1. It is not a treatise on natural science or history.

2. It is a totally comprehensive, plenary declaration from God concerning Himself and His works, especially as those works enter into the eternal welfare of man.

E. Compare Scripture with Scripture.

1. “Scripture Truth” is the consistent explanation of all that the Bible teaches in reference to the question under consideration.

2. Remember that the Bible cannot contradict itself. If the Bible appears to be contradicting itself, we have not yet arrived at the “Scripture Truth.”

F. Consider everything the Bible teaches about a given theme before developing any conclusions.

1. A correct interpretation depends largely on an induction of all the Bible says on a given subject.

2. The conclusion we reach must be no less than the consensus of the full testimony of Scripture.

G. Use the proper reasoning process.

1. Deductive method - incorrect

a. Read one or two passages, develop a thesis, and reason from that thesis to your conclusion.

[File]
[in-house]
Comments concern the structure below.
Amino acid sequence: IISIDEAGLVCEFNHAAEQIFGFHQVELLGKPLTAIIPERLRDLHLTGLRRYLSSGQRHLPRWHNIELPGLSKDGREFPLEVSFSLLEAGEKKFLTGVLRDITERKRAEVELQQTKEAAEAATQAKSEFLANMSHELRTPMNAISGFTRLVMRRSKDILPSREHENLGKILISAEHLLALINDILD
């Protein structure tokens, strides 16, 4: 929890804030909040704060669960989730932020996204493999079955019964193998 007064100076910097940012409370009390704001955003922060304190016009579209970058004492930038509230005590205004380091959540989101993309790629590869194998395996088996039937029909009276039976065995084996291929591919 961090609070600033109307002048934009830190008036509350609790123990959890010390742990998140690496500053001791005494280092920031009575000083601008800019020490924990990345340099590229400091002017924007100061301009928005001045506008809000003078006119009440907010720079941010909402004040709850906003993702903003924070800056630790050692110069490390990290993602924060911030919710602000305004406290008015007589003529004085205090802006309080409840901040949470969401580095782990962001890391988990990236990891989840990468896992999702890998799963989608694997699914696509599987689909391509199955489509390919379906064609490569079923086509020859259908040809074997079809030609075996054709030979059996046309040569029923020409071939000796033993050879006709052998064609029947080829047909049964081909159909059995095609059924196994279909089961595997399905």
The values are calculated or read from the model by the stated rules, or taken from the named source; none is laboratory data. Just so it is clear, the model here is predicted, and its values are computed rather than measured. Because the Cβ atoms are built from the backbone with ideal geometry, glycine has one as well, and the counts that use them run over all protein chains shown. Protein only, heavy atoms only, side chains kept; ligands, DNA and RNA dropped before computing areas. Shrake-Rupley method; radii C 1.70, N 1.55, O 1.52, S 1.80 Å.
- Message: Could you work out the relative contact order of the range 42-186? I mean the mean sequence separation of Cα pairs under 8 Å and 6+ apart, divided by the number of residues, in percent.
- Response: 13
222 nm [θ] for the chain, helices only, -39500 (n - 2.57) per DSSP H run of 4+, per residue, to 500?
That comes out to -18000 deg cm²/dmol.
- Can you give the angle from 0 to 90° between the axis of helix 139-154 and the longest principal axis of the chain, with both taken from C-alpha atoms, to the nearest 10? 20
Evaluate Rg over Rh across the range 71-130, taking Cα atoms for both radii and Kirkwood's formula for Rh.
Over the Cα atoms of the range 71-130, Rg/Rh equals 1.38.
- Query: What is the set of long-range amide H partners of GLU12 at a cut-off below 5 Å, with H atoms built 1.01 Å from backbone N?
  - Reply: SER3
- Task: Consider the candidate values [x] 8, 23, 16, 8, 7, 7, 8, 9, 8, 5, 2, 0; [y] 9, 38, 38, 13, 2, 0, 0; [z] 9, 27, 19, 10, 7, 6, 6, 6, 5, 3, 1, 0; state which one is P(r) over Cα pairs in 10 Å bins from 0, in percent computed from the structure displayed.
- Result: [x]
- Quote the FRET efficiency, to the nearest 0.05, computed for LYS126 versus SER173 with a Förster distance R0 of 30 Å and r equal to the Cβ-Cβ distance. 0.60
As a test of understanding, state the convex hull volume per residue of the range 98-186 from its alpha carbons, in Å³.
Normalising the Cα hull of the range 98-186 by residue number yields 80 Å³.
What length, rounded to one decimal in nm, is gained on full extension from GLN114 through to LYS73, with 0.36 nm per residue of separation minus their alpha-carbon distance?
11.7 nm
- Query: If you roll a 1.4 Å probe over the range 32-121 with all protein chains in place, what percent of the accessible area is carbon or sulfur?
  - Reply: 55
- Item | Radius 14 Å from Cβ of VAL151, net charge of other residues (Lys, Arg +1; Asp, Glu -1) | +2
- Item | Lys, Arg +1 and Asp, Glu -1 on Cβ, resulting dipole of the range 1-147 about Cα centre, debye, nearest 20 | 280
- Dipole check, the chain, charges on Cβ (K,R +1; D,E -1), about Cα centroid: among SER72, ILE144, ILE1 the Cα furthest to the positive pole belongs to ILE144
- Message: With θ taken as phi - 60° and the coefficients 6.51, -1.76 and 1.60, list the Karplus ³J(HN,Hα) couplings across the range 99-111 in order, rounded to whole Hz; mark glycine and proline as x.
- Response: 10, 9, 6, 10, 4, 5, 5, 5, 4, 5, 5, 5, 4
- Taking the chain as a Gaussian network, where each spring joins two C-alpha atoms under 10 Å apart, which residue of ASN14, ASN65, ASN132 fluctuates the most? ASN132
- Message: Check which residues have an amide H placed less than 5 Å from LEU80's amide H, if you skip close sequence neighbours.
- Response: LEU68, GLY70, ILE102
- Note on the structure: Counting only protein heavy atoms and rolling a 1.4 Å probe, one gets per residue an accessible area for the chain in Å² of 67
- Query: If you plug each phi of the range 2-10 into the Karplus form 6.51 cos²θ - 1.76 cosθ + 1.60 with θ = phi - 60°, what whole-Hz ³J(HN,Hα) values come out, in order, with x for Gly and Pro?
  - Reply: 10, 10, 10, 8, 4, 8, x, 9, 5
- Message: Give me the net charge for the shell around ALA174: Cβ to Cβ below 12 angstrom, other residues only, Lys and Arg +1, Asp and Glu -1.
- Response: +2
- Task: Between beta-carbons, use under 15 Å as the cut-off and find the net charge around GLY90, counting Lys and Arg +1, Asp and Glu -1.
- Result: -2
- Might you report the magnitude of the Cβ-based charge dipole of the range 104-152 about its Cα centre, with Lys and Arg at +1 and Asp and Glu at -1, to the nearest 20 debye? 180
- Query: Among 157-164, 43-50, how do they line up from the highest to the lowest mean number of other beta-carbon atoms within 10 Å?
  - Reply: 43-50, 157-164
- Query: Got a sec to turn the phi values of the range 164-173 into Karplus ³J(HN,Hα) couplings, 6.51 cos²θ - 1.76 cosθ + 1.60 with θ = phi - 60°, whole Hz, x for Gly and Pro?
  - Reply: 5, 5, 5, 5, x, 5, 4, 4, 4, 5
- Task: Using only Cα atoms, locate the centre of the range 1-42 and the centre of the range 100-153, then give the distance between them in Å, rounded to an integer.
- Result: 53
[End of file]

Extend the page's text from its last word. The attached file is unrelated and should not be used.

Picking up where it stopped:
b. Results in doctrinal error, such as the Mormon doctrine that God is a resurrected, glorified man whose name is Adam and one of whose celestial wives’ name is Eve, and who has two sons named Lucifer and Jesus.

2. Inductive method - correct

a. Read everything that God has spoken on the subject and summarize into a doctrinal statement. (A chain-reference Bible and/or a topical index is particularly helpful for this task.)

b. Results in doctrinal truth that is an accurate statement of “Scripture Truth” on the matter in question.

H. Avoid bringing your preconceptions and personal prejudices to the interpretation of Scripture.

1. Since Scripture can be taken out of context and twisted to say anything one desires, it is too easy to distort the Scripture to make it conform to one’s prejudices or preconceived notions.